If visiting rights cannot be realised after a separation, the KESB or a court can order accompanied visits. This is the case, for example, if parents have been violent in the past or if the trust between the two parties is so shattered that contact with the children is prevented. The measure should be adapted to the respective needs of the child and the situation. The specialists accompany the parents, for example, when they hand over the children to each other. They give them advice on how they can resolve misunderstandings or conflicts themselves. Or they support the absent parent and the children in gradually establishing contact. Be it just going for a walk together or playing football.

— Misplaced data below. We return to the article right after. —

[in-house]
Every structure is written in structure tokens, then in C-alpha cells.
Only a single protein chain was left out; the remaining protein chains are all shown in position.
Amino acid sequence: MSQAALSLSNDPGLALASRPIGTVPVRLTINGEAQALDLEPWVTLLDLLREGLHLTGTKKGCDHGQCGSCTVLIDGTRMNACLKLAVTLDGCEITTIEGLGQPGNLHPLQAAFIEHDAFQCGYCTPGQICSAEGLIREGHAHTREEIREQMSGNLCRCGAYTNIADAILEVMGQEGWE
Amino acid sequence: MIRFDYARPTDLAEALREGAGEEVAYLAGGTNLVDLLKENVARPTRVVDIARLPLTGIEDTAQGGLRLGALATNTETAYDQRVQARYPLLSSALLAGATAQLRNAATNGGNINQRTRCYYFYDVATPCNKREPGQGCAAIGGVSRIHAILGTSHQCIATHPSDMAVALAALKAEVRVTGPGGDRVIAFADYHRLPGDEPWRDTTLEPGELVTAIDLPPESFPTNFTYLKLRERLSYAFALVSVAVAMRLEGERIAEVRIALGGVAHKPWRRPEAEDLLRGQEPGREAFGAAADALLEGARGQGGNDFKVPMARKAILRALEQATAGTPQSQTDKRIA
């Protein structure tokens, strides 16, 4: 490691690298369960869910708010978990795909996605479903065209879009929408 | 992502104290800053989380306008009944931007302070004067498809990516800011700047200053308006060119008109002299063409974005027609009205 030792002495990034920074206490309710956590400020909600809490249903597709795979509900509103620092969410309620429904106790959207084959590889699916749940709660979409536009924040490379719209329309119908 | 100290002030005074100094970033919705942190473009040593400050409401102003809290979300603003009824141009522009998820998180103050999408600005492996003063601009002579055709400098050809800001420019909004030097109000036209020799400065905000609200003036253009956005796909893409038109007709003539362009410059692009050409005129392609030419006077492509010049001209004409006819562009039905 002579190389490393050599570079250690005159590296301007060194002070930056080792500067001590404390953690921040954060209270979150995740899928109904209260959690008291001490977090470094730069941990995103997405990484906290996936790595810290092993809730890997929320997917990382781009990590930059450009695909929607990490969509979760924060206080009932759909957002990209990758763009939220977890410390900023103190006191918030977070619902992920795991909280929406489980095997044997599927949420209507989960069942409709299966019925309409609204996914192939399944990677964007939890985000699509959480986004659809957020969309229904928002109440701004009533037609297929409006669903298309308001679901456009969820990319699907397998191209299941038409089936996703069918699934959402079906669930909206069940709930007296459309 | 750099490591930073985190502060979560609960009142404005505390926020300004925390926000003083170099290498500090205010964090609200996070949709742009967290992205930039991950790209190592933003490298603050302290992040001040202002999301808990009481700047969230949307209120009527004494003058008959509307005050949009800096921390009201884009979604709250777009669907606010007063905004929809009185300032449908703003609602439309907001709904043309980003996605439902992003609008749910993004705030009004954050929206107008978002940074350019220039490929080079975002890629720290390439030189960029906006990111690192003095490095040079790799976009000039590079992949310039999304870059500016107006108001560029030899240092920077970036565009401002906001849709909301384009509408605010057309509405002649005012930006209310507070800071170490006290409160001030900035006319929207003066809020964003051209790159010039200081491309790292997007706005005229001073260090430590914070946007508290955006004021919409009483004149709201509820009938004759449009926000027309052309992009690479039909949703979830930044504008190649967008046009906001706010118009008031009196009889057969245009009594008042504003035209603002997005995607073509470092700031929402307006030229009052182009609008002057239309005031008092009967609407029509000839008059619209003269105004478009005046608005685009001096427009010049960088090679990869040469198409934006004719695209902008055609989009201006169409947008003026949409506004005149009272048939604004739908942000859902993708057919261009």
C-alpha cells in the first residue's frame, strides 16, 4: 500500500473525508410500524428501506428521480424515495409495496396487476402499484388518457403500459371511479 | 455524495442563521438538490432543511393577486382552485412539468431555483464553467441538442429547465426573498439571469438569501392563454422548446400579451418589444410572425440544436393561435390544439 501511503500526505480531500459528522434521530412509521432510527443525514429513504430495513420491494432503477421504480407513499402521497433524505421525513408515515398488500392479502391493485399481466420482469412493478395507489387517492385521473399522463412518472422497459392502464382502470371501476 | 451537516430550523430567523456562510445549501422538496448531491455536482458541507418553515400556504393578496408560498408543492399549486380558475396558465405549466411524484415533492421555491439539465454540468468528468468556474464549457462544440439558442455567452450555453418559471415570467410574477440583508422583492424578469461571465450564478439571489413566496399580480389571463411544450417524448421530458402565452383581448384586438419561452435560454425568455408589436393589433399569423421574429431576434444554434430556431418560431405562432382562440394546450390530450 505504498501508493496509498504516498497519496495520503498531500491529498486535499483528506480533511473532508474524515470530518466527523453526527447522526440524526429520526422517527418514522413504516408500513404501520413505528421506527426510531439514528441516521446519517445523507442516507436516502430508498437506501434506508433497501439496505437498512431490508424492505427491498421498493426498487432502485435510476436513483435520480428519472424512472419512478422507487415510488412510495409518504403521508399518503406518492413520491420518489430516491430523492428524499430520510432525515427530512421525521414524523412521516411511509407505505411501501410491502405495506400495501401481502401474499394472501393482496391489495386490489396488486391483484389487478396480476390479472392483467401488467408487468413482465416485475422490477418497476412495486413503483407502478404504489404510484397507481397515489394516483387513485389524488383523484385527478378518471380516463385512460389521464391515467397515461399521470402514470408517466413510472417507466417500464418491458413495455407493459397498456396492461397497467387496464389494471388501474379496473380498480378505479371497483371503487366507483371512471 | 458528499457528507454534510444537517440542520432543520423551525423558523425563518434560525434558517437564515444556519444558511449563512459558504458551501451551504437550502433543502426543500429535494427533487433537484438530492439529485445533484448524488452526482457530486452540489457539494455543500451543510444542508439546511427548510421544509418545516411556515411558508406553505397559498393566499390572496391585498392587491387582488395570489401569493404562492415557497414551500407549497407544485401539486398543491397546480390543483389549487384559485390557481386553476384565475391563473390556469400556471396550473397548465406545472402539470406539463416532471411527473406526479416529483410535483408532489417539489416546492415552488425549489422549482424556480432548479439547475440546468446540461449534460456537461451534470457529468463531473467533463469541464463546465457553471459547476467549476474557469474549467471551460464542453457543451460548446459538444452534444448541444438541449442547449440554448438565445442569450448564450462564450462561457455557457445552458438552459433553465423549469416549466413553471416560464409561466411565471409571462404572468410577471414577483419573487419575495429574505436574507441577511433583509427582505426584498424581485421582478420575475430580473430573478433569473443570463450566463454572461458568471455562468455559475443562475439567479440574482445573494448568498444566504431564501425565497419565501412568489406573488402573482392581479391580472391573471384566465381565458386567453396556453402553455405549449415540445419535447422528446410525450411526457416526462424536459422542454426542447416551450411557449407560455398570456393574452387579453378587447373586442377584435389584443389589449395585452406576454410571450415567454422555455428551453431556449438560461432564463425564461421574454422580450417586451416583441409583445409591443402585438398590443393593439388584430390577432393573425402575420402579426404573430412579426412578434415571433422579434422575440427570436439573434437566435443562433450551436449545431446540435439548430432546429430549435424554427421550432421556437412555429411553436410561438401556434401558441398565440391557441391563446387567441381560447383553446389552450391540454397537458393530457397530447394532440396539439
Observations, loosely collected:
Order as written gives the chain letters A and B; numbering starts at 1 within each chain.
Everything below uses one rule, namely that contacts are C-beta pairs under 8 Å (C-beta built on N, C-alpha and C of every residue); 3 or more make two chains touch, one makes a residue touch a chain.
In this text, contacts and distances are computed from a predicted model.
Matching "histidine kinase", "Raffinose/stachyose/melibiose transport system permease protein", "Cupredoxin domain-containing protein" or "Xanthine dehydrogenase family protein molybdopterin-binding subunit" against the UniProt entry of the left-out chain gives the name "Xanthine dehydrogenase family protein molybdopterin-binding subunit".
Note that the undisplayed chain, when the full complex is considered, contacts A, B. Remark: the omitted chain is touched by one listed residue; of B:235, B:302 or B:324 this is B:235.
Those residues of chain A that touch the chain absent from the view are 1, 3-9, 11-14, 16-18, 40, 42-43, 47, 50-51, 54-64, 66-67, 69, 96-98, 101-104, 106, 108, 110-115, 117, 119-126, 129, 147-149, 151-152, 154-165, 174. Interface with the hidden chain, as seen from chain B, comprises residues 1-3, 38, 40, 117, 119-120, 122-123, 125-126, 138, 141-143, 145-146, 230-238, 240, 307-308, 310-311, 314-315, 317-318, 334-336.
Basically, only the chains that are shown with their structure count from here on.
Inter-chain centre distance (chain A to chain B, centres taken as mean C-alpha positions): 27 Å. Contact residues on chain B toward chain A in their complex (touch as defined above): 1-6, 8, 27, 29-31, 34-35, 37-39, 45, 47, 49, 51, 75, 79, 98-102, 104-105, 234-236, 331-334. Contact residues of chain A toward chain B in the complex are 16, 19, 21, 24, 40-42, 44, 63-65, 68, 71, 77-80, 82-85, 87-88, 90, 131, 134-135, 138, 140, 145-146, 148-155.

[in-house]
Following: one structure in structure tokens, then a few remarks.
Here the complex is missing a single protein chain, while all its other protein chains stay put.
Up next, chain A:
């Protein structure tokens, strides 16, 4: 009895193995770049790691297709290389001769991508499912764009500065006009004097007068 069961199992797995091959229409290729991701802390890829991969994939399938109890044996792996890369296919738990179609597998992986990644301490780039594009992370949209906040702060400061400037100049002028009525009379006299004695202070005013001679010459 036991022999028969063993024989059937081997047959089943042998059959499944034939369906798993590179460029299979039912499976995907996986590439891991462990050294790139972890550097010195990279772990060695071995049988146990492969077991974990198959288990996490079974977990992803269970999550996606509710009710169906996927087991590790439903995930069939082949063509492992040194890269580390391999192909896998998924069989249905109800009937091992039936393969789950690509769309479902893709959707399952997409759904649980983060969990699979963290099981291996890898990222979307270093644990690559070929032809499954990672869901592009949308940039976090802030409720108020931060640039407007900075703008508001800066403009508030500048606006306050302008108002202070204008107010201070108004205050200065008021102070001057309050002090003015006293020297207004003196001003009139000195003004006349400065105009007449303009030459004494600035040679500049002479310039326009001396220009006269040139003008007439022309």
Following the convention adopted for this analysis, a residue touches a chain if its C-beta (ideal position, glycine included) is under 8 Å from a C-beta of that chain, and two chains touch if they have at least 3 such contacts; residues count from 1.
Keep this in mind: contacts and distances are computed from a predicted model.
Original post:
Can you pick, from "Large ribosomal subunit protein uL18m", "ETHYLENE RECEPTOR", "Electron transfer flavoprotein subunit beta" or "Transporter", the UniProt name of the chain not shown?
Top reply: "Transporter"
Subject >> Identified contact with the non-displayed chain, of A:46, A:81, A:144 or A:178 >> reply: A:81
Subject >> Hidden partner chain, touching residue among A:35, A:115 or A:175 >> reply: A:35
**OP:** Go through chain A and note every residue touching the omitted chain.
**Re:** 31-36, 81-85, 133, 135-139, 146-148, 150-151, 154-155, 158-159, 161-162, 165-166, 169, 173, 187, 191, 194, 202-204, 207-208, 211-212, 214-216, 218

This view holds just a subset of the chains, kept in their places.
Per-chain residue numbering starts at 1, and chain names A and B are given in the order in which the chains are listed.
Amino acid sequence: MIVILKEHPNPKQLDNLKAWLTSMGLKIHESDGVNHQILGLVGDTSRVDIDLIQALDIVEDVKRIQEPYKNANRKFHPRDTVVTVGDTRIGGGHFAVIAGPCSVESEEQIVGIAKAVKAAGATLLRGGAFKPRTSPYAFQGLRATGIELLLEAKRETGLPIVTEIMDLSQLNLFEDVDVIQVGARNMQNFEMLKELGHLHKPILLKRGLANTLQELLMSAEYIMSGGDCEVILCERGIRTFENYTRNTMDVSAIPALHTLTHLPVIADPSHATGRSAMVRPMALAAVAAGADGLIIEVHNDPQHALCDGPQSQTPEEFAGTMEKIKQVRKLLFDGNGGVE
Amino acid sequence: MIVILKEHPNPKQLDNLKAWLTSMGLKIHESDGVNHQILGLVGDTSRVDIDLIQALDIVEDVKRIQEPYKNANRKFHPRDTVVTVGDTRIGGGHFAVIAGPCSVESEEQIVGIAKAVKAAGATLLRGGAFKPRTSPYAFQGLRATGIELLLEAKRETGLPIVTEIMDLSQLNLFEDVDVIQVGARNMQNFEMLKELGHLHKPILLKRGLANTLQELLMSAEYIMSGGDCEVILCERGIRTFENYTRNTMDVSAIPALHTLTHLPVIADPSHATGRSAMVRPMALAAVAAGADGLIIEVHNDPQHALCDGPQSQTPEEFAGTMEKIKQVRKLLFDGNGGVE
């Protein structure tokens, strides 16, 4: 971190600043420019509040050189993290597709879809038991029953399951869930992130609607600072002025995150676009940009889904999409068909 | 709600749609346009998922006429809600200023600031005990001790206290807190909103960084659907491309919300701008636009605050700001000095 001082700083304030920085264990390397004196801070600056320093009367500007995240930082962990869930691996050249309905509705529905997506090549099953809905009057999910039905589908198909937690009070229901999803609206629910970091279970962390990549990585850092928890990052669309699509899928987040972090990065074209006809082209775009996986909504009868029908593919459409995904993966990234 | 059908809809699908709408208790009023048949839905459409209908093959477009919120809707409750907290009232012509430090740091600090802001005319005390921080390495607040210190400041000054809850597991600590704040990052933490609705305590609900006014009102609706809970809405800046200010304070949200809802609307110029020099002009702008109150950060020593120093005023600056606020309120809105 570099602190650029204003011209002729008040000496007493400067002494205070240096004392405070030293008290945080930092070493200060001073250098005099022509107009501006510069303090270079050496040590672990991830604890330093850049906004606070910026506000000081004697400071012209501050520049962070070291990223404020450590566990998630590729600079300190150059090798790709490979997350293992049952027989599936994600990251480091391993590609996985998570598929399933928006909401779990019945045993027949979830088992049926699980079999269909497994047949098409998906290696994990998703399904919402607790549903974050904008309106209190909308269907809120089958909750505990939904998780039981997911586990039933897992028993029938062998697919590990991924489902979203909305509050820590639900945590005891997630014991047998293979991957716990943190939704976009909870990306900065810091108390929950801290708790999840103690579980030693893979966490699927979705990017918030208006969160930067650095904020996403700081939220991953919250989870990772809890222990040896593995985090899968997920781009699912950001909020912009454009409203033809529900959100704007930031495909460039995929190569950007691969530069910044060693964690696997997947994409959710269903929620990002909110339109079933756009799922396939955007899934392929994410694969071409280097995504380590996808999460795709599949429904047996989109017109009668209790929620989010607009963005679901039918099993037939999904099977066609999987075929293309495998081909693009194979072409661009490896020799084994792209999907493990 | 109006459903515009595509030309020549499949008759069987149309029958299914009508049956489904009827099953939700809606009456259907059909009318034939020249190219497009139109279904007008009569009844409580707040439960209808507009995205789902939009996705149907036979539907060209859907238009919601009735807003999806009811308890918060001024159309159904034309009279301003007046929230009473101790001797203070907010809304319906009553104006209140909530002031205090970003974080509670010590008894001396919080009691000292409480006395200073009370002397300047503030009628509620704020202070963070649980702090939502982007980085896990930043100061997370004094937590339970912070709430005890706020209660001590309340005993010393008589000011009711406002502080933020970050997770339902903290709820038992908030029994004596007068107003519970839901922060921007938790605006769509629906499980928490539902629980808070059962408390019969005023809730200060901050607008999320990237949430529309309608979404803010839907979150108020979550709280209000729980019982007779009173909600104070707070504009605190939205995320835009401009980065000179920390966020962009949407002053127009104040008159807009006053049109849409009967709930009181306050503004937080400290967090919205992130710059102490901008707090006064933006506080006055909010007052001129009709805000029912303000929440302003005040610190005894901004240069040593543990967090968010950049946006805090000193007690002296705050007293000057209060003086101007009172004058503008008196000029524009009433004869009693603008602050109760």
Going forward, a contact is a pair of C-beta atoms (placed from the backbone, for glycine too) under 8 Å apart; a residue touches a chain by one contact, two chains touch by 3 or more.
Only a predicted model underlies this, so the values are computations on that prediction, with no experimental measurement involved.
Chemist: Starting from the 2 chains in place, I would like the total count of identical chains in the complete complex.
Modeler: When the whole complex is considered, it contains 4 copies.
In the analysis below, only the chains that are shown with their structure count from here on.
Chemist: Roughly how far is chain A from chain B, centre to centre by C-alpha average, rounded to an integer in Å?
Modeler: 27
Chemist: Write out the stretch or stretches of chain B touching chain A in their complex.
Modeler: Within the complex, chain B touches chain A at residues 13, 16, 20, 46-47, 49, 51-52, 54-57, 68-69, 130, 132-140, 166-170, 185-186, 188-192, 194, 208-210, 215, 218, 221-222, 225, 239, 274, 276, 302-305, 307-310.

Counsellors must draw up a report at least every two years in which they highlight the strengths and weaknesses of the person concerned (Art. 411 ZGB). The report should be formulated objectively and with sensitivity. And if the deputy also has to deal with the finances of the person concerned, they must give an account of their income and assets. They should also state the reason for the measure, the mandate and objectives of the deputyship as well as the type and frequency of contact. The deputy should also make a prognosis and request an adjustment or review of the measures.
On the basis of this report, the KESB checks whether the deputy is doing their job properly and examines whether the measure can be amended or even cancelled. If those affected do not agree with the report, they can contest it.